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I have hit somewhat of a wall in researching the European lines of my Robinson ancestors. I did learn of the possibility (vs. likelihood?) that Robinson is not a Scottish name, but rather originated in Northern England, and was further carried on after a Robinson Migration to Northern Ireland (Ulster Province, in particular).

Does anyone know of resources that can verify or debunk this information, and hopefully help me in identifying more of my ancestors?

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    Gut feeling is that verification of this sort of thing is nigh on impossible because surnames were introduced so far back. To state the obvious, the name must come from "English" speaking areas but I guess that this could include the Lowlands of Scotland where they spoke the related language Scots. Etymological origins of names have been challenged somewhat by statistical analyses of censuses that suggest single place origins of what appeared to be common English phrases. In your case, one suspects multiple origins but suspicion is not verification. – AdrianB38 Feb 23 '19 at 10:48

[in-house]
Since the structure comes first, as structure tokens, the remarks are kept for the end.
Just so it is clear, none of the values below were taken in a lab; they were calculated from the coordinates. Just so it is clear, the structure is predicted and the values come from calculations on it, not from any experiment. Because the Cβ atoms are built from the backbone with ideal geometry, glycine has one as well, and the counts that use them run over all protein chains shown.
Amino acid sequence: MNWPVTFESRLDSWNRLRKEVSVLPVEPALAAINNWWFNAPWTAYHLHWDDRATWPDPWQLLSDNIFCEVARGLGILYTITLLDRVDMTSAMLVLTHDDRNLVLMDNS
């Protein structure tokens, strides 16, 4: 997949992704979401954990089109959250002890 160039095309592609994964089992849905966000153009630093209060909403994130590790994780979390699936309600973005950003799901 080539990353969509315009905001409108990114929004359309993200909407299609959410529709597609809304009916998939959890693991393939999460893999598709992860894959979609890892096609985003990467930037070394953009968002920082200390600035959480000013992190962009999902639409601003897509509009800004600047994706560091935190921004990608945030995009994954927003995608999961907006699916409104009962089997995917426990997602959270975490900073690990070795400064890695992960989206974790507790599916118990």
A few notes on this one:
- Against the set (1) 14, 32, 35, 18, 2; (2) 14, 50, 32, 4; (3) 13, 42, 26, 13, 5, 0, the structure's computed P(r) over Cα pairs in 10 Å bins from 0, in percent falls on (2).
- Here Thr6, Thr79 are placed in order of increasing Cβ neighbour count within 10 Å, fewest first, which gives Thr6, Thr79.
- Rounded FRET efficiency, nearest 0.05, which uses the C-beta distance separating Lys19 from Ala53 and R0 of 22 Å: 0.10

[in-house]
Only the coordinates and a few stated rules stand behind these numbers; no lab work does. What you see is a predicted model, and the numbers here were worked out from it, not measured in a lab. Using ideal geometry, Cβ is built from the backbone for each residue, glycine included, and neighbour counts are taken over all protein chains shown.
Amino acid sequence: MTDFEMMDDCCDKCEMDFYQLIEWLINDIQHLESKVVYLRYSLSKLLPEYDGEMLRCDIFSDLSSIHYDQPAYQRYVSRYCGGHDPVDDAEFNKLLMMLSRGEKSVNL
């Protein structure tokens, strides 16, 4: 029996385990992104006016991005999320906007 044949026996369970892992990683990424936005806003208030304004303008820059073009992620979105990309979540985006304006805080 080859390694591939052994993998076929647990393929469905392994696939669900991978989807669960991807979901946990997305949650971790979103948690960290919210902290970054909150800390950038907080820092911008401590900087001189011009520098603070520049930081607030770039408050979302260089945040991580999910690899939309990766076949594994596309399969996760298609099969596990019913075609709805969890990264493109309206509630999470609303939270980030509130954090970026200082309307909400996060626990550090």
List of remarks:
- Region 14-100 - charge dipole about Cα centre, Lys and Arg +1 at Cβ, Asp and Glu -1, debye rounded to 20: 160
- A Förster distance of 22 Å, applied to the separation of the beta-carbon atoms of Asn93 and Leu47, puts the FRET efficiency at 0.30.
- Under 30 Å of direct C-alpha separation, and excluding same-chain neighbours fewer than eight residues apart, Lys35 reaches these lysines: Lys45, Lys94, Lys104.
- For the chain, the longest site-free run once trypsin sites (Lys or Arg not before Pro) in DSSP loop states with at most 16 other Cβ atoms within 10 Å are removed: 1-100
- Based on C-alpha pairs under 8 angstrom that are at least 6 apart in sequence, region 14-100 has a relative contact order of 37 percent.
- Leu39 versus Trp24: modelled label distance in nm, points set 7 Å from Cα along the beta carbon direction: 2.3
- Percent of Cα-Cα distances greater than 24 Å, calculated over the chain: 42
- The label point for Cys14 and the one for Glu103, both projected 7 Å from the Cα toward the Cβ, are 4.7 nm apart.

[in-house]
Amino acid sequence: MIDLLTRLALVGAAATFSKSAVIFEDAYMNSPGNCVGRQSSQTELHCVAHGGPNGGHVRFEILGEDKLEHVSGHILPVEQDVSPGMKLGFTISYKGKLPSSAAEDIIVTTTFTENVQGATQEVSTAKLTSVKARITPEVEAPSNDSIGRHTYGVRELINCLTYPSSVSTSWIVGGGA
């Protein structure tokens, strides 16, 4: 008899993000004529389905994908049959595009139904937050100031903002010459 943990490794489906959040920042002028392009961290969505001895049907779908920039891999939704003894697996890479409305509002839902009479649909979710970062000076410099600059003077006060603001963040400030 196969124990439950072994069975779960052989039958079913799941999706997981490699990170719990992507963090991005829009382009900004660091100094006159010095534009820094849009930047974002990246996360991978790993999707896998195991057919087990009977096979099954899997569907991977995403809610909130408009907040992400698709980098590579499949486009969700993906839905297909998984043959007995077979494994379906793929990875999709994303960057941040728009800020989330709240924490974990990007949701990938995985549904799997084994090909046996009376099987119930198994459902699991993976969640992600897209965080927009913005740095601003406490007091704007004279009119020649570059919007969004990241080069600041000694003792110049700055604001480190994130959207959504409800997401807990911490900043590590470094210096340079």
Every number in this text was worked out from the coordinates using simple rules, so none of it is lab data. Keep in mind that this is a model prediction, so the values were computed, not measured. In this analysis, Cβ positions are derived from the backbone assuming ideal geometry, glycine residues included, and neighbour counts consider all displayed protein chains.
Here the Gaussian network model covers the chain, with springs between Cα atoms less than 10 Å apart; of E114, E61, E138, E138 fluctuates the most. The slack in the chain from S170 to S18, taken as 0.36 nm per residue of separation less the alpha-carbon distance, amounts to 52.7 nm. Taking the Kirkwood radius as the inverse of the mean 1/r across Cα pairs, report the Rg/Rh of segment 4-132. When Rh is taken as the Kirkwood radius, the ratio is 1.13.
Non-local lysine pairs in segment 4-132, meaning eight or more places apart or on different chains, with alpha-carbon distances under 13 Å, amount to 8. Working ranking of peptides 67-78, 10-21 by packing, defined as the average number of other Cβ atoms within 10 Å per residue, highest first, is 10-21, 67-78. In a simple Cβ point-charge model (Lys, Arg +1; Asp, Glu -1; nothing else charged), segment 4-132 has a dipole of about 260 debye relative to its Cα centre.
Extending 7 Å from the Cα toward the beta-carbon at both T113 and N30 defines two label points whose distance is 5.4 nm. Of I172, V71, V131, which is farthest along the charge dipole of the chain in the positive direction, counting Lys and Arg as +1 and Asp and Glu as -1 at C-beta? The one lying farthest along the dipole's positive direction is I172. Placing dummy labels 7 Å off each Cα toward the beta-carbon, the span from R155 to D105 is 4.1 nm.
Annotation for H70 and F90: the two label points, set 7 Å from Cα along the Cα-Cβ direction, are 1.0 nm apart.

• Further comments gratefully accepted! – AdrianB38 Feb 23 '19 at 10:49
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    Multiple unrelated origins is the most likely possibility with a name that common and derived from "son of Robin" which is a very common given name. Your best bet is to narrow down which Robinson line you come from with Y-DNA. Easy to get the test (if you have a willing male in that line) but hard to interpret. Some people spend years. – Cyn says make Monica whole Feb 24 '19 at 3:26
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As it is a patronymically derived name ..."Robin's son", the likelihood of there being any single attributable geographic origin is very unlikely.

Surname distribution maps derived from census information will show if it is more common in specific areas. The 1881 distribution data (http://gbnames.publicprofiler.org/) would certainly seem to support your information that is is predominantly found in northern England.

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